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I like the inlay idea. The boards are 1 1/8" thick, so doing a tick inlay isn't an issue. Can sawdust be used in epoxy? I might have to mix a little up and see how it sets. The knot is dark, but it's black walnut, and the boards are a very consistent black. It doesn't have nearly the color variation of some of the other walnut. So it's not really obnoxious, but it's also not a clear board. I may try to fill it, and if I don't like the results, then cut it out and do an inlay patch.
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post #11 of 21 Old 12-11-2012, 03:38 AM
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My personal experience with epoxy is you don't mess with the mix.
If you want to try a sample w/ sawdust it can't hurt. Tell us how it works. My first thought is it would slow or stop bubbles from surfacing out, and they would be trapped in and visible.
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post #12 of 21 Old 12-11-2012, 09:30 AM
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Some pics would be great. I would like to follow along with your 'repair'. I am sure I could learn something.
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post #13 of 21 Old 12-12-2012, 09:59 PM
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If its in the top of a table you should consider cutting out the 2-3 inch strip with the knot and add another board to your width. A repair should probably limited to secondary areas of a project. Significant effects will always haunt you. It would be easier and cheaper than spending all that time for a mediocre outcome.
Early in a build most would not tolerate a large error or defect. Learning to fix damage is important but avoiding it is better. Walnut furniture is not often rustic.
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post #14 of 21 Old 12-13-2012, 11:46 AM
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this is hte epoxy with walnut and cherry sawdust mix.
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post #15 of 21 Old 12-13-2012, 12:43 PM
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Looked at your facebook page a little, really enjoyed your stuff, making old functional, nice artisan-ship.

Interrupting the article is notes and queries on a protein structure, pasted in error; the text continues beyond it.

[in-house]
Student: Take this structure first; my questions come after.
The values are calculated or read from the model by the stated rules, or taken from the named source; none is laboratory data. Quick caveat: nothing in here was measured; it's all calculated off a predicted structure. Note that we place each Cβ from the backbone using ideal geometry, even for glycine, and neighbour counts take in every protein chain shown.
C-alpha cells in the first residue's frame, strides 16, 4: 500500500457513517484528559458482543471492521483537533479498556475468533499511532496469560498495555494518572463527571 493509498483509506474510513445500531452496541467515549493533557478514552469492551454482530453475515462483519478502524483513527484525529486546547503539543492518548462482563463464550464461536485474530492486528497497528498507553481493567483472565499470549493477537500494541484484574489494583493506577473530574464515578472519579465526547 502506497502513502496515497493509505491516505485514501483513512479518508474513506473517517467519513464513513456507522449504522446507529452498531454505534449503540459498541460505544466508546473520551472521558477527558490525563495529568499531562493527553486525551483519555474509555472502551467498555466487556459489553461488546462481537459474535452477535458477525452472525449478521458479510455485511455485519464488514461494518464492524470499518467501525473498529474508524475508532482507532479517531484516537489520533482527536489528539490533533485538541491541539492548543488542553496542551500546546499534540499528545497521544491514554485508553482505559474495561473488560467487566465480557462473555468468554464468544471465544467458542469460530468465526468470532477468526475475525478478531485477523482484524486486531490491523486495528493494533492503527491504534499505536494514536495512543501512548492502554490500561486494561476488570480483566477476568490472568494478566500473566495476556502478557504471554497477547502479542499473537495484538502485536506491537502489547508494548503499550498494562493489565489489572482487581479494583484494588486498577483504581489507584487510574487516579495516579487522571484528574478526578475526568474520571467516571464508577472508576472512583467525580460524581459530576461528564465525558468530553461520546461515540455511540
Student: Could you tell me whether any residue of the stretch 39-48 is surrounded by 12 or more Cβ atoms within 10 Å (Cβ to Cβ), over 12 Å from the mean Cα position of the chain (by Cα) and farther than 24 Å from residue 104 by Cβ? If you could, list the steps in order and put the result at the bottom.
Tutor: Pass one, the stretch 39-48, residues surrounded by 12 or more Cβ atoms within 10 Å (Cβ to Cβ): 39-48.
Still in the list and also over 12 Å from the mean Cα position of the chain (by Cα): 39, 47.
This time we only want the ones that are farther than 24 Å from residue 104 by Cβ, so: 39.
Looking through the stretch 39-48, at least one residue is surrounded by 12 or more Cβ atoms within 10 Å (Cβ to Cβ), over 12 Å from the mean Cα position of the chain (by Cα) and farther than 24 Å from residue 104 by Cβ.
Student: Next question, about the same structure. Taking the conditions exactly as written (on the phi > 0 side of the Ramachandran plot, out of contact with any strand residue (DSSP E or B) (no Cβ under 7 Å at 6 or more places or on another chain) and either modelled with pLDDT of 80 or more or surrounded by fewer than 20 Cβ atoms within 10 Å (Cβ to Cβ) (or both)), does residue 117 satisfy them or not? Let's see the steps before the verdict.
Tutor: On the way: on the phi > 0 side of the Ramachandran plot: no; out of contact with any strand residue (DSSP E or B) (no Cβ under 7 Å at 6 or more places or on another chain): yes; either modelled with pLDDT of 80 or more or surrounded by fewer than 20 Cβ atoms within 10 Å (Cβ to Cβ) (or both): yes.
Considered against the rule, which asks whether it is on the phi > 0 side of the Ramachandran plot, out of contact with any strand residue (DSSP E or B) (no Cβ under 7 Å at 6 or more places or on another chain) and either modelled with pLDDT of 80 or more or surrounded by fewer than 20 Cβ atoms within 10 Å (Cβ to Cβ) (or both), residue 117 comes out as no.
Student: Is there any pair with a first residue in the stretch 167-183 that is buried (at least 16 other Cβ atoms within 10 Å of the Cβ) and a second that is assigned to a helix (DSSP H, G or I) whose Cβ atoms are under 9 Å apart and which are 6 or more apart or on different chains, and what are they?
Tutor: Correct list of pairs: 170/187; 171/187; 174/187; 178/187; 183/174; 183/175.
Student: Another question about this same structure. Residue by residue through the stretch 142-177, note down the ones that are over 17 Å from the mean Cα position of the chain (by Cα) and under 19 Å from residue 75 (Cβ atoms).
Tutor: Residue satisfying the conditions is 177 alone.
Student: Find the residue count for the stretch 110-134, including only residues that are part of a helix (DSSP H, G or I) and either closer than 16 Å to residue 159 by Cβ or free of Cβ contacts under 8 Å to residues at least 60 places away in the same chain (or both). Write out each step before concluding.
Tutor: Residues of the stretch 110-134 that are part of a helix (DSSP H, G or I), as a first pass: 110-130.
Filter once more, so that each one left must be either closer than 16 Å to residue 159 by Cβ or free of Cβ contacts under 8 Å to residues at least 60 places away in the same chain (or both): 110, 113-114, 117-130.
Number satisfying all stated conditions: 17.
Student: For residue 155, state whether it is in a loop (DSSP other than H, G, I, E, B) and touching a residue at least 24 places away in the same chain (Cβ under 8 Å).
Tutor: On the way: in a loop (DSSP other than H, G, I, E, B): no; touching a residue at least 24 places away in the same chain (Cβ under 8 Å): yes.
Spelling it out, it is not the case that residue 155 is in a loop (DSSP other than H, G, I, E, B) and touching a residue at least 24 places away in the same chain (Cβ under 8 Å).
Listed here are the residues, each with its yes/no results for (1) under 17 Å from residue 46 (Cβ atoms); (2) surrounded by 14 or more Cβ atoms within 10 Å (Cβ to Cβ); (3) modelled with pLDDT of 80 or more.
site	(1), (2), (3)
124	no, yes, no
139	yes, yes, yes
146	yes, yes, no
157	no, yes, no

-luke
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post #16 of 21 Old 12-13-2012, 02:31 PM
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post #17 of 21 Old 12-14-2012, 02:06 PM Thread Starter
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It's funny how you remember things a few days after you see them. I had it in my head that the knot was a lot worse than it is. Probably because it is worse on the other side of the board, and I had been looking at the other side of the board quite a bit (the board was 108" long, but cut in half and used one side of one 54" piece and the other side of this 54" section).

Looking at it now, I'm thinking I will probably just fill it with epoxy. I really like the graining around the knot and don't want to lose it. I could, however, cut out about 3" of the board out, and take 3" from the end of the board and put that in its place. But the grain wouldn't line up very well due to how it weaves around the knot. I may cut the end off the board and just lay it on top and see which way I like it better.

Here are some pics. The line on the blue tape along the edge is where the radius of the table will be. It will run from that line up and left across the board. This board is 3rd of 4 boards from the center out.
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post #18 of 21 Old 12-14-2012, 02:20 PM Thread Starter
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One more picture of all the boards laid out in order. The one in question is second from the left. You can get a better idea of the final table top area marked by the little pieces of blue tape.
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post #19 of 21 Old 12-14-2012, 04:10 PM
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Oh, I'd leave it.
The 7th board has a smaller one too, incorporate it in as well. That way it looks planned.
Also none of this is straight grained, and it goes pretty well with it.
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post #20 of 21 Old 12-14-2012, 04:41 PM
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I see nothing wrong with that knot. I thought it was worse then what you explained. I would put a bowtie in it. If you don't want it than get another board.